Several years ago I took a guided tour of Omaha Beach. The French guide was from Alsace and her point of view was "it just wasn't worth fighting. The French just stopped to avoid further useless bloodshed." To them, the capitulation was simple math.

Question: What were Hitler's war aims as to France? To conquer and occupy or did he have some other relationship in mind?

Chase Morrison said...

Jean Paul Satre,the famous existencialist, was a poster boy of the French Left wing at the time. When the classic "The Grand Illusion" came out that portrayed WWI, he was more interested in going to the latest hollywood B movie. The French left in particular had no stomach for any more war, even on screen.

As with anything about Hitler you can usually find his original aims in Mein Kampf. The idea was a plan of three stages: Rearm Germany, engage France and her allies, then begin a war in the east for Lebensraum.

France was essentially the protector of the little eastern countries, such as Poland and Czechloslovakia. The Locarno Pact had secured the Western borders backed up by military force, but left the eastern frontier open for change.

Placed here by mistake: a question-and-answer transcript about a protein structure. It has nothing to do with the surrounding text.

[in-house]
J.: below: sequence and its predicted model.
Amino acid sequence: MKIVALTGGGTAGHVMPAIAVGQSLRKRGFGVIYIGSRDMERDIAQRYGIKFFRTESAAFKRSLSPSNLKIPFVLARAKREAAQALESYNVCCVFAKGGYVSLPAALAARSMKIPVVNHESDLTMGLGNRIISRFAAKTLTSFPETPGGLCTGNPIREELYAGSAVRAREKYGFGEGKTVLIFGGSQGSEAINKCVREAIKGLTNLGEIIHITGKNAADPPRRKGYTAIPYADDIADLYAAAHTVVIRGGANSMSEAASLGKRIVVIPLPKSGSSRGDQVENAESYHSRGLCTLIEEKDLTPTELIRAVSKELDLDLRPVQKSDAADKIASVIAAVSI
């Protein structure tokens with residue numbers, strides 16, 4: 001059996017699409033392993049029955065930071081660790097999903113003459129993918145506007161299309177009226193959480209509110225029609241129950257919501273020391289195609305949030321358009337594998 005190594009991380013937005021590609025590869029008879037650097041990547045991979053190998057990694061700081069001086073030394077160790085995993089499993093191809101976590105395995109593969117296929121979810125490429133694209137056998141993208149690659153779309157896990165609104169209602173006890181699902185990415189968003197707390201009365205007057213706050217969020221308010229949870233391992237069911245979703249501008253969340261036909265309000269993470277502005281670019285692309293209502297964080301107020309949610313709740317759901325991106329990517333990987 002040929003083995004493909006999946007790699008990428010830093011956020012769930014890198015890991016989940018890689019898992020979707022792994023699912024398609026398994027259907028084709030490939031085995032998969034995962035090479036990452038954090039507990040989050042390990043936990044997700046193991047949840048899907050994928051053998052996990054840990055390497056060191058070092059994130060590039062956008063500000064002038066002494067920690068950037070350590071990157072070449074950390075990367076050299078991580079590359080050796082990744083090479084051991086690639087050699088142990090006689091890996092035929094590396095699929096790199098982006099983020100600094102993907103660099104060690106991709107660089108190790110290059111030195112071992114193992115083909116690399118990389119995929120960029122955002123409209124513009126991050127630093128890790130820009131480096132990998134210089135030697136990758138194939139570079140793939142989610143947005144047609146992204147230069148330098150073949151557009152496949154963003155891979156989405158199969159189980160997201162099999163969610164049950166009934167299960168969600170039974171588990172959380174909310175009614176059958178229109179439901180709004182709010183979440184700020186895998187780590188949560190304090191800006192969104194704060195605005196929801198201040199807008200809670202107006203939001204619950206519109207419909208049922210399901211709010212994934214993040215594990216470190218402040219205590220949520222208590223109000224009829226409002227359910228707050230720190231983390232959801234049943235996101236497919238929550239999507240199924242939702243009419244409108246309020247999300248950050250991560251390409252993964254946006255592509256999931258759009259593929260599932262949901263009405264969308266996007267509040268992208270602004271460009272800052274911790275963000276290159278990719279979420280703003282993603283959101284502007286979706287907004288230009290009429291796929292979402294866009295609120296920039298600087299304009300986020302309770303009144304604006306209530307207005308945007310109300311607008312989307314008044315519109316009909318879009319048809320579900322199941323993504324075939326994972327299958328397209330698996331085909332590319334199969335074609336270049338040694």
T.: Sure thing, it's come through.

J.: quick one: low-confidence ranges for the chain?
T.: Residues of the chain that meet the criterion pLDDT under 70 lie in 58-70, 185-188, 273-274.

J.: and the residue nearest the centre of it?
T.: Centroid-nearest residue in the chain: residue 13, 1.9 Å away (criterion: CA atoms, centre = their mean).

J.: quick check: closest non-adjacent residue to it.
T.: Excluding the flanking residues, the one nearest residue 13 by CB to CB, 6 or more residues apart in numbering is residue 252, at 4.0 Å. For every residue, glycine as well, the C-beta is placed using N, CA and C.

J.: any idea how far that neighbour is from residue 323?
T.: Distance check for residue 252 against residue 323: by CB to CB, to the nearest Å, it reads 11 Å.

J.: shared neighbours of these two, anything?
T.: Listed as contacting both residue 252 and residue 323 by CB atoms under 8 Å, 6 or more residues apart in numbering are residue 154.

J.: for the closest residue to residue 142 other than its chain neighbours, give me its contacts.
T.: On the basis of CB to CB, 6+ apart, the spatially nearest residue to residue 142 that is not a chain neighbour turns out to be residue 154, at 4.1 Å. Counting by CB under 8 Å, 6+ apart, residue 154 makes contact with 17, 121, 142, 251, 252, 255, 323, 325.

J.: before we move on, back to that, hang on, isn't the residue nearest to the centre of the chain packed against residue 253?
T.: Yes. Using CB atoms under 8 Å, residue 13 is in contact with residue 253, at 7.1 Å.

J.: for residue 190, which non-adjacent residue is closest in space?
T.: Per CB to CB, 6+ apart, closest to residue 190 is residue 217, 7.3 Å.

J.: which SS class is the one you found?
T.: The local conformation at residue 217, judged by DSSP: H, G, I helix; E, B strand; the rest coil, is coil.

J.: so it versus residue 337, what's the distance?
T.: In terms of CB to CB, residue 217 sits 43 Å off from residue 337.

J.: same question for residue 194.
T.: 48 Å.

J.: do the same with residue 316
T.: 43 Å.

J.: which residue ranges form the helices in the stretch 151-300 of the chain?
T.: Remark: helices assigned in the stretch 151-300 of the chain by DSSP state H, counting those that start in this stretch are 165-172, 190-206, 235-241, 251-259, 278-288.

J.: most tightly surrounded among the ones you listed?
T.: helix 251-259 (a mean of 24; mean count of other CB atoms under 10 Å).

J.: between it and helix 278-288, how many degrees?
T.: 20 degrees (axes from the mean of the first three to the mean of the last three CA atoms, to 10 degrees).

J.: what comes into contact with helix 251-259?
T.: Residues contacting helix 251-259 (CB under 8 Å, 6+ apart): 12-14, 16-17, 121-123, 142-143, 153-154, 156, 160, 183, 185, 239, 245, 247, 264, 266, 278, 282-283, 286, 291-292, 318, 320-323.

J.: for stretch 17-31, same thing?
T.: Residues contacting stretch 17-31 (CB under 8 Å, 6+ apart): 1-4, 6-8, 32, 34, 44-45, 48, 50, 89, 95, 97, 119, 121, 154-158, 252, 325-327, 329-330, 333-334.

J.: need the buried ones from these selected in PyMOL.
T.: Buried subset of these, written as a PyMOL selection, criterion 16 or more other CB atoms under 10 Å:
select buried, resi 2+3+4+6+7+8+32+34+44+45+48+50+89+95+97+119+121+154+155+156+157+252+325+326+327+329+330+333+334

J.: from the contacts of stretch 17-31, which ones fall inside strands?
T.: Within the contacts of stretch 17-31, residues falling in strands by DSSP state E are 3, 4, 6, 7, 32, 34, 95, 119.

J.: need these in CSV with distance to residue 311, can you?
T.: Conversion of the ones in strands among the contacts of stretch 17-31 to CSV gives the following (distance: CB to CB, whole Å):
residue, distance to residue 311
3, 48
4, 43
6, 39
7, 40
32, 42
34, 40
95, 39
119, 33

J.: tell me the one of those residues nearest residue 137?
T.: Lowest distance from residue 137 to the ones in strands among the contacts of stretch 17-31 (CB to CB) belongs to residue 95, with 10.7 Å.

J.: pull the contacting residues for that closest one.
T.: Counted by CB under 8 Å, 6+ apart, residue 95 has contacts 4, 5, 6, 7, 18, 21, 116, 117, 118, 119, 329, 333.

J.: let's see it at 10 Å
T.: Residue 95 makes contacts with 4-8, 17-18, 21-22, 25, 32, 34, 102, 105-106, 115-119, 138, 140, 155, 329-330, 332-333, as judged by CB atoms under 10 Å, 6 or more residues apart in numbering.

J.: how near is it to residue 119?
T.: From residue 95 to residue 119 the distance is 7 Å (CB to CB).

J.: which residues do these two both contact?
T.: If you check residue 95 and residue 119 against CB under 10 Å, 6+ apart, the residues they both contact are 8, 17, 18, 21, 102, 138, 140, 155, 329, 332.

The overriding idea was to defeat France to have a free hand in eastern Europe, as the Germans thought they would be assured of fighting on only one front - against Bolshevism. Secondly it was revenge of course, with Hitler forcing them to capitulate in the same train car Versailles was signed in.

Occupation was an afterthought to crushing them militarily, but would fall under the category of other Lebensraum countries, providing Germany with the resources needed to continue war. The real goal was the typical Clausewitz maxim - destroy your enemy's ability to war.

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CE Patrick said...

Few people can deny the affect that World War I had on the French. Thats why I always hate the attitude that most Americans have towards the French concerning defense and armed forces. The French were outdated and in a bad situation in 39...and if it were us in those shoes, I imagine we would have done exactly the same.

Anonymous said...

May I suggest you read some newer sources?

The effect of WW1 on the French armed forces was huge. They took truly horrendous casualties....but they won. So, there was some reluctance to fundamentally change things. I think this is the difference between the french and the germans in the interwar period. The Germans suffered terrible casualties as well in WW1, but, having lost, they actively sought different ideas on how to win 'round two'. The French fundamentally wanted to do a better job refighting Verdun, or avoiding it altogether if possible.